Ironically, the "radical chic" he talks about is, today, more like a
mob of dirty freaks. Some of the May Day demonstrations were
despicable. The destruction and pure vandalism in London was
particularly appalling. One statue of Britain''s ultimate hero,
Winston Churchill, was defaced with a hammer and sickle (and
worse). Even Prime Minister Tony Blair was forced to respond:

"The people responsible for the damage are an absolute
disgrace...It is only because of the bravery and courage of our
war dead that these idiots can live in a free country at all."

In Berlin and other German cities, neo-Nazis marched against
"capitalism and imperialism." In France, nationalist parties held
demonstrations against immigration.

Yes, what we increasingly have is a global free-for-all. Different
issues for different folks, but with one common thread. America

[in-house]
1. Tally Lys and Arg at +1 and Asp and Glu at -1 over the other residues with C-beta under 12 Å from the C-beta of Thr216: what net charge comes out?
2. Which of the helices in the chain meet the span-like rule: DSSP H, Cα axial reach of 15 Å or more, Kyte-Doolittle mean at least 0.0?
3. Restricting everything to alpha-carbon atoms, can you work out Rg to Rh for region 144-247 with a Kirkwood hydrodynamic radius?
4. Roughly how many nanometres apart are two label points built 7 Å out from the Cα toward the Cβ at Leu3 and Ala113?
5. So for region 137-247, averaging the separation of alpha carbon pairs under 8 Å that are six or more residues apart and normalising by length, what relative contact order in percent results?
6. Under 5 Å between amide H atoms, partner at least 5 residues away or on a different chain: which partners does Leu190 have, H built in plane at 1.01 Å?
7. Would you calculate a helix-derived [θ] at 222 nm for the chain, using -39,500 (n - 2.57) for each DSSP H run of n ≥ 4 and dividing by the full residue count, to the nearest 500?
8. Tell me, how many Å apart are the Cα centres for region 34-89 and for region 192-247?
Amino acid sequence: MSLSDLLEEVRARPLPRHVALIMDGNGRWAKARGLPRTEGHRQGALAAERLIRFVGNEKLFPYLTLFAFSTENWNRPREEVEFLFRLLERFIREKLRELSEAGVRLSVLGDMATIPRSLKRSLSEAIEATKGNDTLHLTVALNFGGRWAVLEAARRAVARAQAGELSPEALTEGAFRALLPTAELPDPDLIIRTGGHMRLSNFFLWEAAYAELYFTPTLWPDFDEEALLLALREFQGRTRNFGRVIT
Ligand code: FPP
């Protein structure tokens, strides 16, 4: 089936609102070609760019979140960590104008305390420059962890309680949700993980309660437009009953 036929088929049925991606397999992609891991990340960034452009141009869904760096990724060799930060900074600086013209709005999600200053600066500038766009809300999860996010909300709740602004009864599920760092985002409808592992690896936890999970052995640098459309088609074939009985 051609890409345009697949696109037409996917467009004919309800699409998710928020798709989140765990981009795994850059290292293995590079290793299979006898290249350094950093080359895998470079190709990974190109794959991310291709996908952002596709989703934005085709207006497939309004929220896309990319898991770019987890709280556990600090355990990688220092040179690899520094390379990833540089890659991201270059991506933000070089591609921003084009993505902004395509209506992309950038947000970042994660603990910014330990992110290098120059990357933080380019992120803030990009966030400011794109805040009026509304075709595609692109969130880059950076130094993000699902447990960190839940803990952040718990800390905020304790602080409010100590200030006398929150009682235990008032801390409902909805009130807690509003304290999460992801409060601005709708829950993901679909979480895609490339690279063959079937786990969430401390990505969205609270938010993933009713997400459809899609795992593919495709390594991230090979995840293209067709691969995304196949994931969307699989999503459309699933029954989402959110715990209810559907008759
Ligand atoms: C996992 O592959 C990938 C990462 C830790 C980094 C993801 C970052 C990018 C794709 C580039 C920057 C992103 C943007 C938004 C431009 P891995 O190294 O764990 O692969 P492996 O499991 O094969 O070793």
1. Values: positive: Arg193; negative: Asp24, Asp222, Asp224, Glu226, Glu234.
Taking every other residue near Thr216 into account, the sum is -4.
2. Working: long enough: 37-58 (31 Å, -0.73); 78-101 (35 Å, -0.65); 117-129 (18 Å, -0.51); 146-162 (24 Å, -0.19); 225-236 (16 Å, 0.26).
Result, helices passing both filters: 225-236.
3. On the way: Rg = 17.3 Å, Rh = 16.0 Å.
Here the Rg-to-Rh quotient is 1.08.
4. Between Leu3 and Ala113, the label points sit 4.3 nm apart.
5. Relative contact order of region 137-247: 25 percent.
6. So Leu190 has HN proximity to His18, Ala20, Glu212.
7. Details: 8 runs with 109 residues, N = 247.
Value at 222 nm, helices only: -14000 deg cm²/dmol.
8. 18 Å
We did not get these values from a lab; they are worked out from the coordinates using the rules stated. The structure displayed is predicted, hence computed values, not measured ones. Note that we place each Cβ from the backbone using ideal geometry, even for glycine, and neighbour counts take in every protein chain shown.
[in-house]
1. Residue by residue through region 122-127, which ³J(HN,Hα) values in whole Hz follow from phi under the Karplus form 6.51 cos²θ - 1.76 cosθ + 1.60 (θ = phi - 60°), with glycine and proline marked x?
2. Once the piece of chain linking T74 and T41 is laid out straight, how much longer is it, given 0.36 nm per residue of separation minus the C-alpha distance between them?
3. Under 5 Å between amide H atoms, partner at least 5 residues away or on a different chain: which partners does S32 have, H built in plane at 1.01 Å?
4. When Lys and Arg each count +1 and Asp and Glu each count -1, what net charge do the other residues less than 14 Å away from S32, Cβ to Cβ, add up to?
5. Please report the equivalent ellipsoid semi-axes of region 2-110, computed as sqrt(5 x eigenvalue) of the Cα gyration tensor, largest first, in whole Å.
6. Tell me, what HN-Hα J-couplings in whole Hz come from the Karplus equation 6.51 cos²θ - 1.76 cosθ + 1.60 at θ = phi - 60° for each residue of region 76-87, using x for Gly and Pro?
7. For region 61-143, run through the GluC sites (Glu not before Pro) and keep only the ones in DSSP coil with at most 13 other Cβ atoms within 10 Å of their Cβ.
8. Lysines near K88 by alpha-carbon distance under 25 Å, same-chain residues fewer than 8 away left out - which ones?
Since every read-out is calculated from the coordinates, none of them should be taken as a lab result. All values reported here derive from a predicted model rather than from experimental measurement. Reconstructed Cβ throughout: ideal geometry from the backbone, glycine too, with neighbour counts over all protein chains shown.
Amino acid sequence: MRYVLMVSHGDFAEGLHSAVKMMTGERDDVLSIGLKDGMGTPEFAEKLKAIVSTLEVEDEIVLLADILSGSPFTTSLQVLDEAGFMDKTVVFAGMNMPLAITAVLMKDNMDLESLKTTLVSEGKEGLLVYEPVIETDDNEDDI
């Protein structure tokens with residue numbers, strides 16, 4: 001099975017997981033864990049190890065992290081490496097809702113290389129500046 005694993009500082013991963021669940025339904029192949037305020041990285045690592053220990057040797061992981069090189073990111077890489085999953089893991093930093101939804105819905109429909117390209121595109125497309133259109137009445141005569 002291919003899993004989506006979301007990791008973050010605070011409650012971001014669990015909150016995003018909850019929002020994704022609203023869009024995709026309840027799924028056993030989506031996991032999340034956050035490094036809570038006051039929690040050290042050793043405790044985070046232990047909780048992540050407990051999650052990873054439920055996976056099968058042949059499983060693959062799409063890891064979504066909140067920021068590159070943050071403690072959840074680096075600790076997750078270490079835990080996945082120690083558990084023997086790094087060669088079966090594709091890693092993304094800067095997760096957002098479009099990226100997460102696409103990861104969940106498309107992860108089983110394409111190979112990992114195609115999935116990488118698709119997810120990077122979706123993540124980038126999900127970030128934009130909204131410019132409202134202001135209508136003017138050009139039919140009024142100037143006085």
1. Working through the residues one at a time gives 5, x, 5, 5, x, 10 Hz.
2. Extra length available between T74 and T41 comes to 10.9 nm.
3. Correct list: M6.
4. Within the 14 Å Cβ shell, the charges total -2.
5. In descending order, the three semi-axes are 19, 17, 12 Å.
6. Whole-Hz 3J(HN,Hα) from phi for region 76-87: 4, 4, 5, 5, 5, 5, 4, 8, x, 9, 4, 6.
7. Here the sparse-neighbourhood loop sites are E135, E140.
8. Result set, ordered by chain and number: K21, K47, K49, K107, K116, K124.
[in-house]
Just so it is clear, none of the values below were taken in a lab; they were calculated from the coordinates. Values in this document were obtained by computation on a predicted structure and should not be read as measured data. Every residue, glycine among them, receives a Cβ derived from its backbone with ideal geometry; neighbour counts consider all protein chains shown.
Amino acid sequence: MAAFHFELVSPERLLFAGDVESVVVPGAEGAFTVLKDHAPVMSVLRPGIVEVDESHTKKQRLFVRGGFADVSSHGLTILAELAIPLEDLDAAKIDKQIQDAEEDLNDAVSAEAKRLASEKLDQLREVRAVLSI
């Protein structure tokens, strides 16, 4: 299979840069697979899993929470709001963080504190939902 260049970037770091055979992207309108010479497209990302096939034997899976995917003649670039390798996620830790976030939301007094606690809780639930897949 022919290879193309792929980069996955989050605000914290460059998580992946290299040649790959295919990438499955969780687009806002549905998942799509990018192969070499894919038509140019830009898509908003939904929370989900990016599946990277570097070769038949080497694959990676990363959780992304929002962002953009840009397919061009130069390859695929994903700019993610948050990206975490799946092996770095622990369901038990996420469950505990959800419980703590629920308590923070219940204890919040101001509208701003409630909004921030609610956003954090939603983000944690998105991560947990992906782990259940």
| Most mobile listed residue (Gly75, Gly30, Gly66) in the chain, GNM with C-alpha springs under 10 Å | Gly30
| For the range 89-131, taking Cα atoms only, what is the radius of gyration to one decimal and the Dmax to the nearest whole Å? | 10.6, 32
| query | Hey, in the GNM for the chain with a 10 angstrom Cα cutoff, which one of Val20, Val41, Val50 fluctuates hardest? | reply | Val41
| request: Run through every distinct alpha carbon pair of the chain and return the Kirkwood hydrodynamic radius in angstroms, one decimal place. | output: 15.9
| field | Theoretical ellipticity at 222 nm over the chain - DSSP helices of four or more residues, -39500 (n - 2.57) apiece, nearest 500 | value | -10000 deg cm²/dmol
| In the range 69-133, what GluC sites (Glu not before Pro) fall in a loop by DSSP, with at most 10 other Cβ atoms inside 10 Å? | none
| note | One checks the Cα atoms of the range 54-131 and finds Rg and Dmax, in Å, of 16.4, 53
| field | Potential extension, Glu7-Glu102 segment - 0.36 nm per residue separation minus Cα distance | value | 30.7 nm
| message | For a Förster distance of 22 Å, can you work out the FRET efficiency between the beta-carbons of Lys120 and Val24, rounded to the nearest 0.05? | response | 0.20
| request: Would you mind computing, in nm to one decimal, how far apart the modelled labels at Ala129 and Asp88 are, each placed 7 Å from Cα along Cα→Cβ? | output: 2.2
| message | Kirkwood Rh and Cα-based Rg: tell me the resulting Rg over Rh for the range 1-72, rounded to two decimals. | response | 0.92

is to blame.

Of course there are no easy solutions. Columnist Thomas
Friedman has written, "(You) can''t point to a single country that
has flourished, or upgraded its living or worker standards,
without free trade and integration. (Yet the protesters) offer the
Third World no coherent plan for how to develop...Their only
plan is that developing countries stop developing."

But if the protesters have accomplished anything, maybe it is the
fact that we are at least talking more than we previously had
about these ever important problems. Now what we need are
responsible leaders...worldwide. Fat chance of seeing that.

Brian Trumbore